Read more at Thailand Business Culture: Insights & Tips (Local POV) | Thailand vs. Globe.


Nigeria has one of the biggest populations in the entire world, with more than 250 ethnic groups amongst its population, all influencing their cultural practices. Here are a few things you should be aware of in your business interactions in Nigeria:

Primary Contact. Nigerian business culture is oriented towards personal relationships and trust is highly sought so referrals are much more likely to get you in contact with your target decision-makers.

Greetings. When you have an in-person meeting, lead with a cordial, but not too aggressive, handshake and pay close attention to the hierarchal rules, as the person’s age and status should inform your actions.

Gifting. A gift is appreciated in a business context as long as it is not too extravagant. Gifts should be given with only the right hand or with both hands, as the left hand is considered unclean.

Dress-Code. It is important to dress well in Nigeria as the way you are dressed will signal your relative level of importance. Men should wear dark suits and ties and women should also wear dark suits.

Business Cards. These are very important in Nigeria — some people will not take you seriously if you don’t have a professional business card to establish credibility before advancing your discussion.

Business Meetings. The most effective way to communicate with Nigerian professionals is through in-person meetings even if the meeting is only 15 minutes long.

Read more at Business Culture: Nigeria | Nestlers Group.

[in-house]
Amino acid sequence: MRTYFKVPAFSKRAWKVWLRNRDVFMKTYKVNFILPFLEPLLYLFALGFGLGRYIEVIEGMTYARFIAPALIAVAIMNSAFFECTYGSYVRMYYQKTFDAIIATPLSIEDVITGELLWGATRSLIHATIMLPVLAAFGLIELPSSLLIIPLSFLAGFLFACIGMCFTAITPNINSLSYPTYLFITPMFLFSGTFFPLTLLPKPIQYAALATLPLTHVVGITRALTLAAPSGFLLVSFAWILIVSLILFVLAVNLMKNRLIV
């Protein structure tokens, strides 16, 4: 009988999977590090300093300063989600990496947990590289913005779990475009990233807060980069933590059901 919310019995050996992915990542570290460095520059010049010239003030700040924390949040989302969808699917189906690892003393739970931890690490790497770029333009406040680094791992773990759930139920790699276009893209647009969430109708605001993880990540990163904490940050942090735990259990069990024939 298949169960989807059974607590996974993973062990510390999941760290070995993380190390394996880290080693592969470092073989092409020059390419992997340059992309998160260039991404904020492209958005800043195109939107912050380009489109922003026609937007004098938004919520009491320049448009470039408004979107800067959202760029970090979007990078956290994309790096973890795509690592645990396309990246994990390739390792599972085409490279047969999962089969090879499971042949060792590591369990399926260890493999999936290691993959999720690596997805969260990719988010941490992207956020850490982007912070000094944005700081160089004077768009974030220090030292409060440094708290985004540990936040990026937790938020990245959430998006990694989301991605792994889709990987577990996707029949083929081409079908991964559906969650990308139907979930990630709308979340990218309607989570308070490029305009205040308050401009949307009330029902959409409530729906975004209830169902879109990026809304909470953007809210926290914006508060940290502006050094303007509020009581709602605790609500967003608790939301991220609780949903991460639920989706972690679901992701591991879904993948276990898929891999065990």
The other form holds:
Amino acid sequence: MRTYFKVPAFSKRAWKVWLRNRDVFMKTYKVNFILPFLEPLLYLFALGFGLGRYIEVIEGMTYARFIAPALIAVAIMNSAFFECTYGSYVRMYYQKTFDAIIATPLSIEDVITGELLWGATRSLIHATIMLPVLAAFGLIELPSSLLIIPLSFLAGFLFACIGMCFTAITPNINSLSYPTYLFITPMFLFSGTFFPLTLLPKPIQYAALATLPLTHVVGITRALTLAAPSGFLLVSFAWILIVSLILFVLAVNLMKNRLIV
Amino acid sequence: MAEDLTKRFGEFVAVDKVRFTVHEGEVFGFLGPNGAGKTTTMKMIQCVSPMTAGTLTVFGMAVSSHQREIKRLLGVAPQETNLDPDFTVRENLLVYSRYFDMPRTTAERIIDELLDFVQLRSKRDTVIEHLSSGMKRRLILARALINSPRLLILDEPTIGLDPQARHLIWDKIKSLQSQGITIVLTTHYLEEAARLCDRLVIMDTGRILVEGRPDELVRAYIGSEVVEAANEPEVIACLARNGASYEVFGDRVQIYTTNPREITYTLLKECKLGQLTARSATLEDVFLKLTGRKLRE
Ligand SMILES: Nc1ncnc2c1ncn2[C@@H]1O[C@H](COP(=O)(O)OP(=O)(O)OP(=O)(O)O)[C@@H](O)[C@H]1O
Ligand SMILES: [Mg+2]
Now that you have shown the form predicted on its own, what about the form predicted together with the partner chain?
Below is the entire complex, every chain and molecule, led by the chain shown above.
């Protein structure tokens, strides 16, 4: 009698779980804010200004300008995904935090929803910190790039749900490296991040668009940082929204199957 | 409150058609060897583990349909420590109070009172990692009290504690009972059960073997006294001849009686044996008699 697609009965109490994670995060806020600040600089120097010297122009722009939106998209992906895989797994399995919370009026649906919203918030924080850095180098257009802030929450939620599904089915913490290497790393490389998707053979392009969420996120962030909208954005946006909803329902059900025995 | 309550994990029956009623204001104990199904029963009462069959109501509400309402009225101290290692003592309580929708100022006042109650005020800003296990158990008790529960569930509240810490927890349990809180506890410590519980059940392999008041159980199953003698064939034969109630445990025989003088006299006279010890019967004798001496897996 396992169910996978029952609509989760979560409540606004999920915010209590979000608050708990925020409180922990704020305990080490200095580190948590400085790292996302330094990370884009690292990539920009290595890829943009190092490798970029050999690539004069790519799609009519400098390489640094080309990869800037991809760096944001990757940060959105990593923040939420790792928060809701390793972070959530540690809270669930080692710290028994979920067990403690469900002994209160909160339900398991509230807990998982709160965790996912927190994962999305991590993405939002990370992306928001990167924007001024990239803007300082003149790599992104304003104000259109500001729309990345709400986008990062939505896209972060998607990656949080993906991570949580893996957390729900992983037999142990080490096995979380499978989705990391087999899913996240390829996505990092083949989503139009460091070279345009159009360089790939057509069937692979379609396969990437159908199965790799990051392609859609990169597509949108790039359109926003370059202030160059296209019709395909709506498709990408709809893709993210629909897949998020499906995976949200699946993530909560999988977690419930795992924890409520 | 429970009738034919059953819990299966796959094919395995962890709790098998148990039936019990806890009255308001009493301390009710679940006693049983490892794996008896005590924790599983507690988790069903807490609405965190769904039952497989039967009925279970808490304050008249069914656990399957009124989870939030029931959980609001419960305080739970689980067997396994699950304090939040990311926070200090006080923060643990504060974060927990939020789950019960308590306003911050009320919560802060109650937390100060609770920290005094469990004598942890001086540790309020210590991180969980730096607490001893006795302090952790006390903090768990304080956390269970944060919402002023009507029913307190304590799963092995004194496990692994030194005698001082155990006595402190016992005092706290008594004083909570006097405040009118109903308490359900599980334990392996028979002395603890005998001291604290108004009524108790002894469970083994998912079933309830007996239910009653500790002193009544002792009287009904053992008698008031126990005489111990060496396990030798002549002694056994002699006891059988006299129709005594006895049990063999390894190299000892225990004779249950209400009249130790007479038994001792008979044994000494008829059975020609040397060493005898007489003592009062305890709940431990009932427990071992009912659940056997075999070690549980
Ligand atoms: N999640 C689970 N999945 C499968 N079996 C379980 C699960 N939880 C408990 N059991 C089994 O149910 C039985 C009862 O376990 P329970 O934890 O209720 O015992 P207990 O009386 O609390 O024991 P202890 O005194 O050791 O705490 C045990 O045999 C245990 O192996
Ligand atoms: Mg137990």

The Brazilian government allows U.S. citizens to enter Brazil as visitors for business or pleasure for up to 90 days without a visa. This has been good for tourism, but the lack of reciprocity rankles, as Brazilians must still apply for a visa in order to visit the United States.

Over the past several years, Brazil has decided to reintroduce visa requirements for U.S. citizens (as well as Australians and Canadians). But the implementation of this change continues to be postponed, most recently until April 10, 2024, to avoid interfering with Brazil’s high tourist season. In connection with the anticipated implementation of the visa requirement, Brazil began accepting online e-visa applications in early December 2023. E-visas will cost approximately U.S.$81 ($80.00 plus $0.90 service fee) per person and will be valid for multiple entries over a five-year period once issued.

Despite this upcoming tightening of visa requirement for U.S. visitors, and in light of the cross-border remote work and global mobility trend ever since COVID-19 started, Brazil now has a relatively simple solution for individuals who wish to work remotely from Brazil — a digital nomad visa process for those who are self-employed or who would like to live in Brazil while working remotely for a company abroad. To be eligible, an individual must prove their employment, a minimum monthly income of approximately U.S.$1,500.00 or availability of bank funds in the minimum amount of US$18,000 at the time of application and must also have health insurance coverage.

Read more at Visiting Brazil? Visa Requirement for Business or to Work Remotely | Global Immigration Blog.